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Substance use by same sex attracted young people: Prevalence, perceptions and homophobia

Authors

  • John Kelly,

    Corresponding author
    1. Youth Specialised Clinical Services, Metro North Mental Health—Alcohol and Drug Service, Metro North Hospital and Health Service, Queensland Health, Brisbane, Australia
    • Correspondence to Mr John Kelly, Youth Specialised Clinical Services, Metro North Mental Health—Alcohol and Drug Service, 270 Roma Street Brisbane, QLD 4001, Australia. Tel: 07 3837 5633; Fax: 07 3837 5684; E-mail: john.kelly4@health.qld.gov.au

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  • Cassandra Davis,

    1. Youth Specialised Clinical Services, Metro North Mental Health—Alcohol and Drug Service, Metro North Hospital and Health Service, Queensland Health, Brisbane, Australia
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  • Carla Schlesinger

    1. InSight: Clinical Support Services, Metro North Mental Health—Alcohol and Drug Service, Metro North Hospital and Health Service, Queensland Health, Brisbane, Australia
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  • John Kelly BA (Psych) PostGradDipPsych, Manager, Psychologist, Cassandra Davis BA (Hons) Psych, Psychologist, Carla Schlesinger BBehSc (Hons Applied Psych), PhD Clin Psych, Director.

Abstract

Introduction and Aims

Research highlights that lesbian, gay, bisexual and transgender (LGBT) people use alcohol and drugs (AOD) more than heterosexual people; however, the incidence of AOD use by LGBT youth is less understood. The purpose of the current study was to ascertain AOD prevalence rates for LGBT youth compared with the Australian youth population; perceptions of AOD use within the LGBT community; and the impact of homophobia on AOD use.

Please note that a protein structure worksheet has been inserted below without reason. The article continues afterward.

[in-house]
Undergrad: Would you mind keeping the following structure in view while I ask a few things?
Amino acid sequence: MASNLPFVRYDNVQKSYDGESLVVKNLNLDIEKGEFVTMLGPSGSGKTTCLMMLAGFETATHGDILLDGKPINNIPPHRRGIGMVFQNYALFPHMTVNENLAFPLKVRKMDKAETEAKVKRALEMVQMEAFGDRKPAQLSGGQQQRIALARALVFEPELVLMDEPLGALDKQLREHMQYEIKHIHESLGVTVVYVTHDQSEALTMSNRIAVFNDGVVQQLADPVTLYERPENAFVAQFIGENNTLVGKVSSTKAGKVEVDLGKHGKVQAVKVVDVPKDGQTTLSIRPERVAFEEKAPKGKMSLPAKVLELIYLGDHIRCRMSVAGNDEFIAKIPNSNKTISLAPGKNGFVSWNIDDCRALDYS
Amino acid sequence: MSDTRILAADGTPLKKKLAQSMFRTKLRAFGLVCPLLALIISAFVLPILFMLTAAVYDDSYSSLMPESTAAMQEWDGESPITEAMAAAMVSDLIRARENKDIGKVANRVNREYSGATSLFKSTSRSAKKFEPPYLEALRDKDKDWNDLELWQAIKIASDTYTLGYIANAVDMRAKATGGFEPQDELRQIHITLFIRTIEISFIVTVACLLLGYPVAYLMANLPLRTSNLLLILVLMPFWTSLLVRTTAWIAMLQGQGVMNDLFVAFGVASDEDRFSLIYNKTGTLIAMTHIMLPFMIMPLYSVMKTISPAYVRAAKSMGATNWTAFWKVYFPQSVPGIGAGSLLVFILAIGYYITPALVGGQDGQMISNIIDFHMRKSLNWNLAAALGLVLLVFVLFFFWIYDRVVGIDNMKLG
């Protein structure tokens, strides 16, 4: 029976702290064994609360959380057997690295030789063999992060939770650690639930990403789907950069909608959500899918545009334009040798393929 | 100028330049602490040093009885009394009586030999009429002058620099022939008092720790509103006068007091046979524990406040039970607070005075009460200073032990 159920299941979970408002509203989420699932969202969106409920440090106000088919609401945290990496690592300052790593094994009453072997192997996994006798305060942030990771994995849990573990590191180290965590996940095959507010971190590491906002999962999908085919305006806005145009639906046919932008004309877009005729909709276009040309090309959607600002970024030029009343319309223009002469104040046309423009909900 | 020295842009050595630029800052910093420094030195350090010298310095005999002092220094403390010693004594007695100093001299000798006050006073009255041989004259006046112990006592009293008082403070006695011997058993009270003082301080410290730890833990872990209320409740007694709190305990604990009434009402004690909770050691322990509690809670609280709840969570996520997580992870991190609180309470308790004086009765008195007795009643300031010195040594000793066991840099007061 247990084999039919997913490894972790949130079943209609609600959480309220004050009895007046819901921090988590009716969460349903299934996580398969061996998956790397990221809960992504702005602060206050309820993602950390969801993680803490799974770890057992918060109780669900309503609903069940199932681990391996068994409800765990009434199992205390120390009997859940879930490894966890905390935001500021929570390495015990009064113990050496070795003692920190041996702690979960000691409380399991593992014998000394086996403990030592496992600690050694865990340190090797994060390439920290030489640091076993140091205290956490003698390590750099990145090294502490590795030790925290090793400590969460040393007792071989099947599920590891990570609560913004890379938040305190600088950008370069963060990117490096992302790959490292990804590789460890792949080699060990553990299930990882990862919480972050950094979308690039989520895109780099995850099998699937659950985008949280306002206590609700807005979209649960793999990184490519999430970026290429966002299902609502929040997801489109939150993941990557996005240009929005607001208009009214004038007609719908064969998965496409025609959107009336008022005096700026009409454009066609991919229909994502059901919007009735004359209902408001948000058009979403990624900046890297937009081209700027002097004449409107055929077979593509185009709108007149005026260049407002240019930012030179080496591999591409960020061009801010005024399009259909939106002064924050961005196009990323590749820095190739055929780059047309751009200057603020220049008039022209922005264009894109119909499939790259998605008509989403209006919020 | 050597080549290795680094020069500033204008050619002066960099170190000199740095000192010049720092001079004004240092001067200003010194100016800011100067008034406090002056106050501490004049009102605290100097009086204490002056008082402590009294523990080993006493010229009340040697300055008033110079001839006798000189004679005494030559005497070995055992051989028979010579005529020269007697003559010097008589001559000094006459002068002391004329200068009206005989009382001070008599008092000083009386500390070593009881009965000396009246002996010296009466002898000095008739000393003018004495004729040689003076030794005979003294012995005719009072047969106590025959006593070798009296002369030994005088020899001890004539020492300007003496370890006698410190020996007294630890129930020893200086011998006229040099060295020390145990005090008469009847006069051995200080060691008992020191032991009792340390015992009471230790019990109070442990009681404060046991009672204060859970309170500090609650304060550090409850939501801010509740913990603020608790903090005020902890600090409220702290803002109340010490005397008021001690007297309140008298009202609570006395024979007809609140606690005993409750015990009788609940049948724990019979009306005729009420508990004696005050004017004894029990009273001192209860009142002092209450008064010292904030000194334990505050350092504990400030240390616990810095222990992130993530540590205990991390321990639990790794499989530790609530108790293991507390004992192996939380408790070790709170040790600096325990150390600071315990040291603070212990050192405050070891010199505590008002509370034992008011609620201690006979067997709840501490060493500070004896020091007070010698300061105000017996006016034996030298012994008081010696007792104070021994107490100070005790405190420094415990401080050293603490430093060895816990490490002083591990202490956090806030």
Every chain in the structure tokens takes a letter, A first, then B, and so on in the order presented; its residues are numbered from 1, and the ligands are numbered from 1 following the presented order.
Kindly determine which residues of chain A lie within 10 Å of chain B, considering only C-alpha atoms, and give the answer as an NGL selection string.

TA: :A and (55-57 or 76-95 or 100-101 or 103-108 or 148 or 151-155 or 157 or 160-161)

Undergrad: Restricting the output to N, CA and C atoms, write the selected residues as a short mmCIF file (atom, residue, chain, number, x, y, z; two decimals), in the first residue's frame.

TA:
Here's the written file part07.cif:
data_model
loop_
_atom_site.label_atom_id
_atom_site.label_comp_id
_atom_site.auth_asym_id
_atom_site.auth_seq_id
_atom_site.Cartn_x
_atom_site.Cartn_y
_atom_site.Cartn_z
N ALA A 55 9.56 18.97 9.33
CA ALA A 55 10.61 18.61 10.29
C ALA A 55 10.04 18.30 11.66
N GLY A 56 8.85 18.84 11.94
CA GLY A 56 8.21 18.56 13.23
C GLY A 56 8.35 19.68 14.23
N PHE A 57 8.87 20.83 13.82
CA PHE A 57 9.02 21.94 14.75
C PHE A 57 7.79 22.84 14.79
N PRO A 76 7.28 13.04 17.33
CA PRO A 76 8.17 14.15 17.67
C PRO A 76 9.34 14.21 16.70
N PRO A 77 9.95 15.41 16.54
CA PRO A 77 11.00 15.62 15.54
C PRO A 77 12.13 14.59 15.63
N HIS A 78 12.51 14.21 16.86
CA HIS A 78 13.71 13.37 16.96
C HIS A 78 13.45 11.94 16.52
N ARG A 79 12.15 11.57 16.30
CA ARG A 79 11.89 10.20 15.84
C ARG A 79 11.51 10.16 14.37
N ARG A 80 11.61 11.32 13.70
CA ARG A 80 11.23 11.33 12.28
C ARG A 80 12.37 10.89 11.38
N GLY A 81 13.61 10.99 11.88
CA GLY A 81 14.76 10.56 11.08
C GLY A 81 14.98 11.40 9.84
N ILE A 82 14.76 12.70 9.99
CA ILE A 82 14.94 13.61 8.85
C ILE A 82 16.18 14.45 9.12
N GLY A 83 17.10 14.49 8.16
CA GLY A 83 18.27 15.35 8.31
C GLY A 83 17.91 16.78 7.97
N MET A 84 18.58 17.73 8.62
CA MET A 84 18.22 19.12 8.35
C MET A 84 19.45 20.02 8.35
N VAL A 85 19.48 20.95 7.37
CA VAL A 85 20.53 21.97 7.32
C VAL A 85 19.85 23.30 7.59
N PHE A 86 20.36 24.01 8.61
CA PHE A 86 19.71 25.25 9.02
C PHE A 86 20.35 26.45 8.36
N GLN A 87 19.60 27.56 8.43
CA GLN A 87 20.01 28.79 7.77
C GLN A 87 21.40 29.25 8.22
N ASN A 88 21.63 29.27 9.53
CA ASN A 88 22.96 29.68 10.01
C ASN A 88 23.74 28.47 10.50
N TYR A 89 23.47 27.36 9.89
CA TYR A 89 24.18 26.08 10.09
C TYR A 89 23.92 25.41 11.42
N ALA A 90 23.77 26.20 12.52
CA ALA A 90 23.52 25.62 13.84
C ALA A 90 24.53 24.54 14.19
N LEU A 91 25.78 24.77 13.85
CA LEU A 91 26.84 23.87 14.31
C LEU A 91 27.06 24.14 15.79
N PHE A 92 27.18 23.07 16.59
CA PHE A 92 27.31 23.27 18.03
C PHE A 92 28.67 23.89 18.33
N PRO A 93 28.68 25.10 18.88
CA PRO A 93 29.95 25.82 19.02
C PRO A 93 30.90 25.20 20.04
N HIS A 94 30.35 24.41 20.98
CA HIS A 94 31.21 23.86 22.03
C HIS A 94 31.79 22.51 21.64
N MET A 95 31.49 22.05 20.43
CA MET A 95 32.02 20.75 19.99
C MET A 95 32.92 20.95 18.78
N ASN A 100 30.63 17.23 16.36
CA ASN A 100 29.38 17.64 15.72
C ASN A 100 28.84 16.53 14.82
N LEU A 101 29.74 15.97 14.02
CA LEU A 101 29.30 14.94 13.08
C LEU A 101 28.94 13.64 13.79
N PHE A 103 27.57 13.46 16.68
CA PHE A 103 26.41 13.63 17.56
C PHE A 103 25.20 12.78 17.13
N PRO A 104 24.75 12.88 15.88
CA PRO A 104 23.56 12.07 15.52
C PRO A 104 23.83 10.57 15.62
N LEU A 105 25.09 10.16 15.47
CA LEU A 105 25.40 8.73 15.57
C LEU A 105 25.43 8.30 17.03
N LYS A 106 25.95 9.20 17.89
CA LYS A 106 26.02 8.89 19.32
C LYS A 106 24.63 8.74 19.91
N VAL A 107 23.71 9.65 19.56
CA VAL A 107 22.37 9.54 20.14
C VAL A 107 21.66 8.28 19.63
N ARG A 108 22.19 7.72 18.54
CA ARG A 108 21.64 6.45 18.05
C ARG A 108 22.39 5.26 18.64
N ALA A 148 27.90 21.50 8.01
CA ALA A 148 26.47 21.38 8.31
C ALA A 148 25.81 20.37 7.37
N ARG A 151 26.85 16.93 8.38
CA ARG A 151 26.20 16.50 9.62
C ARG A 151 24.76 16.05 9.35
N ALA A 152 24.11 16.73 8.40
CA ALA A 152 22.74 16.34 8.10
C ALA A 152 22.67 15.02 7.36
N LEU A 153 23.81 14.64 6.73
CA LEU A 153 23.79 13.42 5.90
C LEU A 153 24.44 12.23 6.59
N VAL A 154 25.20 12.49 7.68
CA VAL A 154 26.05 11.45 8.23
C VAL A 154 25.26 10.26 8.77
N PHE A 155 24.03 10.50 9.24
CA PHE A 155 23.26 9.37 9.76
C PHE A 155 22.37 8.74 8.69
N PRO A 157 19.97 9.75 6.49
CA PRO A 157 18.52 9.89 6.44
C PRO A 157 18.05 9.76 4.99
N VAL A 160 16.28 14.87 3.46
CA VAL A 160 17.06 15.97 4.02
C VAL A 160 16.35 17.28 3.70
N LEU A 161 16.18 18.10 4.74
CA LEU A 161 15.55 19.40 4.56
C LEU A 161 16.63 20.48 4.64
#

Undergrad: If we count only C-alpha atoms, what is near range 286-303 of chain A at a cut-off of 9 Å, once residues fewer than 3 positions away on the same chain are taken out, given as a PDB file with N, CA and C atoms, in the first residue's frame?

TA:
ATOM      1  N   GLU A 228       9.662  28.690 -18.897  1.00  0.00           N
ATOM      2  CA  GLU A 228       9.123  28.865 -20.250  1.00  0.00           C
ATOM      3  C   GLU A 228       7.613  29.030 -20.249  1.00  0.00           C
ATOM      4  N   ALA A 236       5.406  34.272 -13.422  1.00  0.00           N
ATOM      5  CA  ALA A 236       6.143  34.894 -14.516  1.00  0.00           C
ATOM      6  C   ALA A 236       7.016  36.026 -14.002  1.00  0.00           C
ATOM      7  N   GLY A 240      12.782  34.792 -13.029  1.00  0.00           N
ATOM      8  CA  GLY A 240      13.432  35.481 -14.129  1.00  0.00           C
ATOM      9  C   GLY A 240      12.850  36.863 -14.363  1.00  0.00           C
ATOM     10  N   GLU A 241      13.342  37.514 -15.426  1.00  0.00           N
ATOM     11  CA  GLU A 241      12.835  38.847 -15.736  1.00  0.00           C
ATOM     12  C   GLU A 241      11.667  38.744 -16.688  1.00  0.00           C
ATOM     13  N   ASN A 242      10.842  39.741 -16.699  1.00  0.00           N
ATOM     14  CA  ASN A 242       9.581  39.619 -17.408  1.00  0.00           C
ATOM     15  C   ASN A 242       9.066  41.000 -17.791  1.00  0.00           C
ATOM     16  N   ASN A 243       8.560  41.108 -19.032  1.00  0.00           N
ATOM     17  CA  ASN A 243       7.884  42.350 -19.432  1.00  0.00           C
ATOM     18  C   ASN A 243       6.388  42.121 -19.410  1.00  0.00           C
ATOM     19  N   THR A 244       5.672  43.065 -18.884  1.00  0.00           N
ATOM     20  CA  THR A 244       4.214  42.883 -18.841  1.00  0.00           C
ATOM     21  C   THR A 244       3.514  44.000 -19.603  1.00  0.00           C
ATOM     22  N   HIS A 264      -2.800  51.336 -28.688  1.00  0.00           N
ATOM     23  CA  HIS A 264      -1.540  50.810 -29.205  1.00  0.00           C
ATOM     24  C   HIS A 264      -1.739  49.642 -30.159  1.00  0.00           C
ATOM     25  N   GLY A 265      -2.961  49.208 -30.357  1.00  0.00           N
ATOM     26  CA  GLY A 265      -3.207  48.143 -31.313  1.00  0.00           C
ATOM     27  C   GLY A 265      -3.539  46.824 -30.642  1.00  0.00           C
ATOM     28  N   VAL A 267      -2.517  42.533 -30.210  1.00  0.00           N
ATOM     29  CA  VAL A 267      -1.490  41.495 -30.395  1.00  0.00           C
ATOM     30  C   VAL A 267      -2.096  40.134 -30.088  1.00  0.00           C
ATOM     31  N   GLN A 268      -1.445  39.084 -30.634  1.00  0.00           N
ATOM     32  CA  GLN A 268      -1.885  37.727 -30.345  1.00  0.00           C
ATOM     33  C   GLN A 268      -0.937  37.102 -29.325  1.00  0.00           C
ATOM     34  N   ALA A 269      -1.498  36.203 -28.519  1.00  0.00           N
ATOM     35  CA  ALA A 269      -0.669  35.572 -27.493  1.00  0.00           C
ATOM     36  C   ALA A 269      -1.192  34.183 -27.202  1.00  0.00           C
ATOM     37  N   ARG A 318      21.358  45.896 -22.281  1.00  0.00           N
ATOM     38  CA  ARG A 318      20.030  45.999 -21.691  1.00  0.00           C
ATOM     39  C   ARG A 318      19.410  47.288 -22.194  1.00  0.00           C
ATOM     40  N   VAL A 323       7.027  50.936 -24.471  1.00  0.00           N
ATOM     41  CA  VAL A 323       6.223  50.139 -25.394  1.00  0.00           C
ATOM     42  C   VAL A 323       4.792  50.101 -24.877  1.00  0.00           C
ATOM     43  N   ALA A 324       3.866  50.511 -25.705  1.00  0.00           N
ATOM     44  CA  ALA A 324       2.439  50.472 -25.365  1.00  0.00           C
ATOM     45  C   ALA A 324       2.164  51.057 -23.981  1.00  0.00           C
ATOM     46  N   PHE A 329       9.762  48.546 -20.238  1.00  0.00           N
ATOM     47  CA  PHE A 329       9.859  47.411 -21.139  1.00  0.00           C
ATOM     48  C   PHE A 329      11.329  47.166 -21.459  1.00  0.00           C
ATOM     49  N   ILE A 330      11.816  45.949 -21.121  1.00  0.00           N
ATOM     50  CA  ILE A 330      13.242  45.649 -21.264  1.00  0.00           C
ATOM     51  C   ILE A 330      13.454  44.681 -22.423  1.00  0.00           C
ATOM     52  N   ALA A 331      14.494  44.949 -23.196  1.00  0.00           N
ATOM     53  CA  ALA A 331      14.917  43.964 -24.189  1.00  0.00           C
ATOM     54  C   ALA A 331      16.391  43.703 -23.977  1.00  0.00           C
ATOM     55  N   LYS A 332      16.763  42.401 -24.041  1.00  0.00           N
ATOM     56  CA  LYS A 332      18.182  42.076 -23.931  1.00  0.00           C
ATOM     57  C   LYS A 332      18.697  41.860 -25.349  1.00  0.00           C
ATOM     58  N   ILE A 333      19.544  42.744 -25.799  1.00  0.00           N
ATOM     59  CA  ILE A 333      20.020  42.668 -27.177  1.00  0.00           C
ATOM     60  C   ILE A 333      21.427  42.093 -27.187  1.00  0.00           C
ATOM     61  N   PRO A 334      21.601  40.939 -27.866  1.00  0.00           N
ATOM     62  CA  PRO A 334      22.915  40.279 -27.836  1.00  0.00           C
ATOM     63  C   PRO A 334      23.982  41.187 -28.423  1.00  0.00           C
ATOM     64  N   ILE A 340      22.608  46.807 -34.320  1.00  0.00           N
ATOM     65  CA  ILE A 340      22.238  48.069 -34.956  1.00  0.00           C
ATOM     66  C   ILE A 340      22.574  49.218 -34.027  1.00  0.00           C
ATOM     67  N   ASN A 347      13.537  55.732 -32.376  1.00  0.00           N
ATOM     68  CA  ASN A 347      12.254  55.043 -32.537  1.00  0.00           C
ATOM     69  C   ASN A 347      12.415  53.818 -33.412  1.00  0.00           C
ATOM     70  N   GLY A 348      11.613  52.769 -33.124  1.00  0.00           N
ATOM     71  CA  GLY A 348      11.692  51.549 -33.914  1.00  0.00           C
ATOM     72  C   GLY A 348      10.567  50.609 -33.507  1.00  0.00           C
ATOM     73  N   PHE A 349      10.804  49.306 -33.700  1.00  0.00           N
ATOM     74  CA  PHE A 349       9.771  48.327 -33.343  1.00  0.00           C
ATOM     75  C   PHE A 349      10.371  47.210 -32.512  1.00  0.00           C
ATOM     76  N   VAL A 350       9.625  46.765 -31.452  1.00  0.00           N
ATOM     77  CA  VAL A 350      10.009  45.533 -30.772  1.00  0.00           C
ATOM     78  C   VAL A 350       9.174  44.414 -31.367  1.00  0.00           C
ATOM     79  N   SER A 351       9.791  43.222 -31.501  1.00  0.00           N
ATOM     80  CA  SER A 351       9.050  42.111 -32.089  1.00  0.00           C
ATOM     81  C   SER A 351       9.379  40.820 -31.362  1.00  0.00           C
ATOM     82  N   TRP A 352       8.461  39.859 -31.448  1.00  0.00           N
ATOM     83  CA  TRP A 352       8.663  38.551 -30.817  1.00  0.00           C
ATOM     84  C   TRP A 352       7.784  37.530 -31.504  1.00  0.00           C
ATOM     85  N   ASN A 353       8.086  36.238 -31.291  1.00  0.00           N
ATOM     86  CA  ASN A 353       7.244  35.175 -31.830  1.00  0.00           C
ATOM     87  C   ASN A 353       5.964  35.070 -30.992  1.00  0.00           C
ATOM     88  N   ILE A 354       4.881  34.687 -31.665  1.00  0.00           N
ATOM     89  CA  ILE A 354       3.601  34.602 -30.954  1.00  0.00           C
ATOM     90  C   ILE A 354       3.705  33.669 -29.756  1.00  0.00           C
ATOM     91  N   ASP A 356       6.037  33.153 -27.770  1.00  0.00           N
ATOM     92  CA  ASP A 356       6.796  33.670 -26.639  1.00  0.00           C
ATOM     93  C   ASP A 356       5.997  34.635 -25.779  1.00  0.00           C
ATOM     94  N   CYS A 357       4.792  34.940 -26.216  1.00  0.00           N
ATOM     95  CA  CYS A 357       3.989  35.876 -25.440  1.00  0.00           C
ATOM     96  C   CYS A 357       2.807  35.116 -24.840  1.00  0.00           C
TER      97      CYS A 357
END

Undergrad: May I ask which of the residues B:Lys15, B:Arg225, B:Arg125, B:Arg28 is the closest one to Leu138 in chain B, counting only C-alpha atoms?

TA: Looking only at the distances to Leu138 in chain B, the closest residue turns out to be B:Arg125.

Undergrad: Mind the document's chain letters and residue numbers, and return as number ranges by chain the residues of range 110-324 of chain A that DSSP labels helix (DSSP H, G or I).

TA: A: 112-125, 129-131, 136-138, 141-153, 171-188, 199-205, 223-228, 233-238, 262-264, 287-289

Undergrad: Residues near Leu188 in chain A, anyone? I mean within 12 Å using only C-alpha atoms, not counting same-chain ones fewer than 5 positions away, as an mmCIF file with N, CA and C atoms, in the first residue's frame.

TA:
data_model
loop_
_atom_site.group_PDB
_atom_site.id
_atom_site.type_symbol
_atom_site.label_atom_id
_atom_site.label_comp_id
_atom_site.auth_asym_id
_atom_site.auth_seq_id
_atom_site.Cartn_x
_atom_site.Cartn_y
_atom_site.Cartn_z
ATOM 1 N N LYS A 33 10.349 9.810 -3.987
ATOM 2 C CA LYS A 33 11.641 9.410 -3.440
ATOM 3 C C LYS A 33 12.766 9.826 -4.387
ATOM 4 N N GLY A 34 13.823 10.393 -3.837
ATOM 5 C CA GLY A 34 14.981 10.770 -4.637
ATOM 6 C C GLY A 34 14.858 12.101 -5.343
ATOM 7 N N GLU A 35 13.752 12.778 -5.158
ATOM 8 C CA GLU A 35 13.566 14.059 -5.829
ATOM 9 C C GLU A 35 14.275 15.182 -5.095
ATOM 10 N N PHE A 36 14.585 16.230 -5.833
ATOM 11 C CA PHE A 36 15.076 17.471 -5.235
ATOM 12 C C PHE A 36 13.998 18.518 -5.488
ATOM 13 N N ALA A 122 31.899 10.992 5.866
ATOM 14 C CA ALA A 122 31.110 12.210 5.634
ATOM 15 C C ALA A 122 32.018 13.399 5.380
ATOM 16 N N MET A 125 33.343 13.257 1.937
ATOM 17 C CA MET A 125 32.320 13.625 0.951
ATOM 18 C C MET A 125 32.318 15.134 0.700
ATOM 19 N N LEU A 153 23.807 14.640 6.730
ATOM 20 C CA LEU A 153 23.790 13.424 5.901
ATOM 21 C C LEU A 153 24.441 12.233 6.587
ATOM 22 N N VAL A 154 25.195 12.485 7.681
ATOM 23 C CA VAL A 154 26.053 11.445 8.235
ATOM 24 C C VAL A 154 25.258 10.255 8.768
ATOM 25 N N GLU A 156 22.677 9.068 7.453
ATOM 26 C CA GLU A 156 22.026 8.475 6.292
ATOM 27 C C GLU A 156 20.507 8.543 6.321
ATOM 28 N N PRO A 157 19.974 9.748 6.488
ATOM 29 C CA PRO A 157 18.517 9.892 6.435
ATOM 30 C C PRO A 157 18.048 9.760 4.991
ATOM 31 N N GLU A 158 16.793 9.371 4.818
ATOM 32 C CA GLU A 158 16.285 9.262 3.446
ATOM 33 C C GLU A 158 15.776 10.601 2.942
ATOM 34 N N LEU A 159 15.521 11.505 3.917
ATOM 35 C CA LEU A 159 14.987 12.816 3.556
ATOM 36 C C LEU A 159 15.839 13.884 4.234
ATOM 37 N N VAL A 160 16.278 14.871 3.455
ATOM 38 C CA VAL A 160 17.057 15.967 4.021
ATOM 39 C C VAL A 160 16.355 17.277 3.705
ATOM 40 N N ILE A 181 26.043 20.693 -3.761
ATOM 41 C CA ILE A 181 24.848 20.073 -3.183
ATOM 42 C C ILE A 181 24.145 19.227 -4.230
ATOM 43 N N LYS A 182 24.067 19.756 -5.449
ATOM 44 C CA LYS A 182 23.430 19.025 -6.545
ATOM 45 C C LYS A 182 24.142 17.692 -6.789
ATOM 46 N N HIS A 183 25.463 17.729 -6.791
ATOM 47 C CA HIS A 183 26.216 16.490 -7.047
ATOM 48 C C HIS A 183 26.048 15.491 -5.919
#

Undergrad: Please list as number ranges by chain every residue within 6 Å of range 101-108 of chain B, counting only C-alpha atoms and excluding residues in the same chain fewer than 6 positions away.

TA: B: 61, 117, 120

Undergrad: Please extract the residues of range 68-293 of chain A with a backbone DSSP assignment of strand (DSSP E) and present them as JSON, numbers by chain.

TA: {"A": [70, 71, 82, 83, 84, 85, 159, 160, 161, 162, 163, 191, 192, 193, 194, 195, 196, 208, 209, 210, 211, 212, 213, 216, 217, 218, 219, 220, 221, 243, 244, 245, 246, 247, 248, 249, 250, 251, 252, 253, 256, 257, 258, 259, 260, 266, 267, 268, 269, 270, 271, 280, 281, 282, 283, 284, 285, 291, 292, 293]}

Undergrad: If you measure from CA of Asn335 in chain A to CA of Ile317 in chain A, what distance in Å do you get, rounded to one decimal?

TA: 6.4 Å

Design and Methods

The study surveyed a cross-sectional sample of LGBT youth (13–24 years) (n = 161) who attended a LGBT festival in Brisbane, Australia, in 2012. The Alcohol Use Disorders Identification Test-Consumption, Fagerström Test for Nicotine Dependence and Drug Check Assessment Tool were utilised to examine patterns of AOD use, with items developed to explore perceptions of AOD use and homophobia.

Results

AOD use was common among the LGBT sample, with higher prevalence rates compared with the general Australian youth population (2010 National Drug Strategy Household Survey). AOD use by under 18-year-olds, and gender diverse youth was markedly higher. The majority misperceived AOD use to be the same in the LGBT and heterosexual communities. Those who believed homophobia impacted on AOD use were significantly more likely to use AOD.

Discussion and Conclusions

The higher prevalence of AOD use strongly suggests the need for AOD agencies to better respond to LGBT youth by not only screening sexuality and gender identity but also exploring young people's perceptions of AOD use in the LGBT community and their experiences of homophobia in order to provide effective AOD clinical treatment. [Kelly J, Davis C, Schlesinger C. Substance use by same sex attracted young people: Prevalence, perceptions and homophobia. Drug Alcohol Rev 2015;34:358–365]

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